In a nutshell, Twitter is a program that allows you to send, read and receive short messages of 140 characters. Using Twitter, you can stay updated on new information from a variety of sources, as well as tracking opinions, trends and moods. And, with more and more people ditching blogs and RSS feeds in favour of Twitter, you can even just use Twitter to receive information without having to actually tweet messages yourself. Since being the biggest RSS evangelist in SALALM, I’m now almost 100% converted to the superior power of Twitter. For me, the benefits of being able to search real time information, as well as easy subscription and deleting of feeds and the sense of community quickly outweighed the occasional lunch posts, making this one of my professional tools of choice.

Outreach is one of the most obvious ways that libraries are using Twitter. Event promotion, resource promotion, service promotion; all great ways to share your message through another channel. Tie in promotion with news- when a book prize winner is announced, let patrons know they can check that work out from your library, for example. Twitter is a two way street though- and it’s an easy way to start engaging more with patrons too. Want feedback on furniture, events or student interest? Try polls.tw to launch a quick poll of your followers. Want to introduce yourself (or new study areas etc) to students? Upload a photo/video and blurb to Twitpic.com and tweet it to your followers. Want to know what people are saying about your library? Set up a search on your library’s name, or use the advanced search to set up a search for the word “library” near your town’s name. Reply to positive and negative comments about your library and start building the online community. It’s another great feedback mechanism too- last year my library gathered all the negative comments and used them to push for more study tables. Not enough time in the day to tweet? Try Twuffer.com to schedule your tweets in advance.

Twitter can be used for collection development too; many publishers are also on Twitter- and messages tend to be less annoying than the ones that clutter up inboxes. Try @DUKEpress, @EBSCOPublishing, @JSTOR and @LNAcademic for a start. Twitter can also be used as a great way to circumvent the big publishers too; use the powerful search to find small or independent publishers in fields you are interested in. A couple of hours research will enable you to embed yourself in the world of key people who are writing on a topic within Twitter- look at who they follow, the links they send out and join in the conversation- it’s amazing what you can find. You can also set up Twitter alerts on keywords that you are interested in using Tweetbeep or grab the RSS feed of a Twitter search to embed in a Libguide box: simply replace the word feminism here with they keyword you want to search on: http://search.twitter.com/search.rss?q=feminism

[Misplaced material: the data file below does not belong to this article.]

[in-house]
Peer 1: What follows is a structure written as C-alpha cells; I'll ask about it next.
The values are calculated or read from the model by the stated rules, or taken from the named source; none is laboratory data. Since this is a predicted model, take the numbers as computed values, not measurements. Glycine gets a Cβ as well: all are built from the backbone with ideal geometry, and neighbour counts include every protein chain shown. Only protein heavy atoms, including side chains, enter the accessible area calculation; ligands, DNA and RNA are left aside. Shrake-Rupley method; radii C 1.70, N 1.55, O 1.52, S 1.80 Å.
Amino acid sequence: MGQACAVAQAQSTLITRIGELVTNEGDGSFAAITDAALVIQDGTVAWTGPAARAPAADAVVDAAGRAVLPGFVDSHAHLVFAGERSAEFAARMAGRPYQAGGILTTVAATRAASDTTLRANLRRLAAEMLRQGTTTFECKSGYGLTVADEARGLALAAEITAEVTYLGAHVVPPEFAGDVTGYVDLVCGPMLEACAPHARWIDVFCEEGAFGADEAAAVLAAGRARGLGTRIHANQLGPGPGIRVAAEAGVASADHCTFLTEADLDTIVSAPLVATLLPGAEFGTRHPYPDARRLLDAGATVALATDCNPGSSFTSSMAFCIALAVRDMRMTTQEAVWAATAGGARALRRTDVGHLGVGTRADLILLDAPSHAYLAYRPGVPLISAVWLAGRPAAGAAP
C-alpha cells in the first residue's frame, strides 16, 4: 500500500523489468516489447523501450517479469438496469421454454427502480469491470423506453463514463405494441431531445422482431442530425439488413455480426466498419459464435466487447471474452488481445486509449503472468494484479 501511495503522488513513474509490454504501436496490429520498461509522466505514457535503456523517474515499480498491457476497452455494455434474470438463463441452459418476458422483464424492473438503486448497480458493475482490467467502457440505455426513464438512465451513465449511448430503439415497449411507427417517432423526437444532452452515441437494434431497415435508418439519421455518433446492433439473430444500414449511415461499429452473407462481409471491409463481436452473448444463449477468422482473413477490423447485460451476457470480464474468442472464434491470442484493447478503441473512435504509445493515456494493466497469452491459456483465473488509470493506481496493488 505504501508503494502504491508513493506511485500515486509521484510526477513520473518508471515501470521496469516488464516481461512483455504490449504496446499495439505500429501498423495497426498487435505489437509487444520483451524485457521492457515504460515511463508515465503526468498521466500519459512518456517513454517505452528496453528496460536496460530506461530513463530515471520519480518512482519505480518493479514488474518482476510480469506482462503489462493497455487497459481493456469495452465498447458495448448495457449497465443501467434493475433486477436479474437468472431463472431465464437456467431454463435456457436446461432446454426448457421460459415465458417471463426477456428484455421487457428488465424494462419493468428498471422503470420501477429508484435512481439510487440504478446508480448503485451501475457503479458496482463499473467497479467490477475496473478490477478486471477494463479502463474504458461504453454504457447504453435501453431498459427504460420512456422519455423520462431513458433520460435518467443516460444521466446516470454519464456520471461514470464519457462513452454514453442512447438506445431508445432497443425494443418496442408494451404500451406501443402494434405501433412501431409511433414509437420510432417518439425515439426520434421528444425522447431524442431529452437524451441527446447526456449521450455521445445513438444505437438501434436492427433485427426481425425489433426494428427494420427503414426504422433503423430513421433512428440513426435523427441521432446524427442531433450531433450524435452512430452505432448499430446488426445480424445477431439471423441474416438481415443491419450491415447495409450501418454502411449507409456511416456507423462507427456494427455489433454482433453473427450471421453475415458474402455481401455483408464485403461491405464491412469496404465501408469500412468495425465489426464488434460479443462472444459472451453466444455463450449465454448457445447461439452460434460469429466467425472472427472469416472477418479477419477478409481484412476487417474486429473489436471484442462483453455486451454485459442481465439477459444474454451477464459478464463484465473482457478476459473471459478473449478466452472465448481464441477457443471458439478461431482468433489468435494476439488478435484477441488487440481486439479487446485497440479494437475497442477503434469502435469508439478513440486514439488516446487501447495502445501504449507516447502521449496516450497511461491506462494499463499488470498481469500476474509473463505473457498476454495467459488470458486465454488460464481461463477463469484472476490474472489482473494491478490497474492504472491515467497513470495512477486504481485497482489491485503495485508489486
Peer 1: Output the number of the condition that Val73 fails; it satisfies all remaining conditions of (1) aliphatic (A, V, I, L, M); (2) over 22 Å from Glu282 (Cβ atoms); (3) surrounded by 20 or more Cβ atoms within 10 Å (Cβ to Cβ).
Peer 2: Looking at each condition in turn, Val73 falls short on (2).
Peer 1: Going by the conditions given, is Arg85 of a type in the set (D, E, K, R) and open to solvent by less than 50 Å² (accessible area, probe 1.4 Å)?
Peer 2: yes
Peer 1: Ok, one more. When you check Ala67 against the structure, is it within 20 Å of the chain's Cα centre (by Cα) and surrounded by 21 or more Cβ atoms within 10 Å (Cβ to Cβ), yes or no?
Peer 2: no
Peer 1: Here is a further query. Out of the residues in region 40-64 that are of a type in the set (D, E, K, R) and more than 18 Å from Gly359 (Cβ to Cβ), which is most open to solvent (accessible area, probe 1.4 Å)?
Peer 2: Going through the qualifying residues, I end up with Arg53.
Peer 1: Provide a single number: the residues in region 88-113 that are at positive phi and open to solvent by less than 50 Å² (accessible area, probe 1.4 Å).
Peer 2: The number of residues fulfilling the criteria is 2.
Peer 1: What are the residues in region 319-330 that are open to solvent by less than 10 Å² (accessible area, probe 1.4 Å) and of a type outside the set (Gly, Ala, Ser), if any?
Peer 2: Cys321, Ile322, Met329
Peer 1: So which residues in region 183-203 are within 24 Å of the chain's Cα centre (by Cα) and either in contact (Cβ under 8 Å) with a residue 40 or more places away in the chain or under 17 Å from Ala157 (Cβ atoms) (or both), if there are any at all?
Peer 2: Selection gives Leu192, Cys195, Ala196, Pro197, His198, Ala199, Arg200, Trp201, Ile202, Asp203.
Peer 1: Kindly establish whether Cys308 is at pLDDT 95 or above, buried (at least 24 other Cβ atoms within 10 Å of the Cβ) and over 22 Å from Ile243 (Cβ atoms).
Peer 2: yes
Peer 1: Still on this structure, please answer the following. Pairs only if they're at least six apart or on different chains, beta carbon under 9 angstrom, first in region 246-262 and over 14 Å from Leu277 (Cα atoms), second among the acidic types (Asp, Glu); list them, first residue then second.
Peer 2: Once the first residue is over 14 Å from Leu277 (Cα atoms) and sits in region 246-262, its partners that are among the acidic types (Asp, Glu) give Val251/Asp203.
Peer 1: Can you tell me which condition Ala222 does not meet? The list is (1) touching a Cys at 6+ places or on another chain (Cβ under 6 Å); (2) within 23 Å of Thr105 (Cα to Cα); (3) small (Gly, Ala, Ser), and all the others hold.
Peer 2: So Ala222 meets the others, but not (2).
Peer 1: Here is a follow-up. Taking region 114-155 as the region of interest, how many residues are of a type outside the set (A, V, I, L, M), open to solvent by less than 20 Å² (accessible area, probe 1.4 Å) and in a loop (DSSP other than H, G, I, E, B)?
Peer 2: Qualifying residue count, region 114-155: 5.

Finally, don’t forget uses for research. Twitter is almost synonymous with keeping up with current news, but Hashtags, Icerocket and Monitter will allow you to search the Twitter archive for historical tweets. The Twitter advanced search will allow you to track tweets between people while We follow and Twellow allow you to search for the most influential/popular people on Twitter related to a keyword eg Argentina, Cartonera. Trendsmap will allow you to search by country for news, trends and people. These tools are perfect for following or researching topics related to public health, politics, sports, and sociology among others, as well as for getting to know key tweeters on a topic and then following links that way.

Twitter is awesome! You can still use most of these tools without an account so give it a go, whether it’s lunchtime or not…

Coming soon- new 2.0 post!

I will be posting a new post here soon- guess what the topic is?!

Subject Guides 2.0: The first installment

Underused and neglected, subject guides seem to struggle to pull their weight in today’s library. Students rarely seem to know that they exist, while pages are either outdated or barely touch the surface of potential online and library resources. Notwithstanding, subject guides often remain the only web presence that bibliographers have in the tightly controlled library website. Furthermore, this page may be one of the only contacts the digital native student has with the library.

2.0 subject guides still fulfill their original purpose of pointing students in the direction of resources but they expand the potential of the subject guide by creating a dynamic learning community. By providing a one stop shop for easily accessible research resources, the subject guide serves as a complete community or subject hub. This helps students become immersed and grounded within their subject, making their research more relevant and thereby directly contributing to academic learning objectives.

Many different tools are used to create subject guides in libraries; LibGuides from Springshare are a popular choice, while other libraries have gone with blogs and wikis, or stuck with plain html. Whatever the format, this column aims to provide ideas to jazz up research guides and convert static subject guides into dynamic learning communities.

According to Jakob Nielsen, most people take under 1 second to decide whether to stay on a webpage or not. Most web page visits last 2-4 minutes. Therefore, if we want to ensure patrons use our subject guides, it is important that they are attractive (clear, easy to use) and have enough easily accessible content to make them stay there- and to return. Furthermore, it is important to remember that patrons come looking for answers, not tools. While a list of useful tools make the librarian happy, the same list can be off putting and overwhelming to patrons who have no idea how or where to start. So how can we include useful academic content in a visually attractive way that inspires students to use our resources?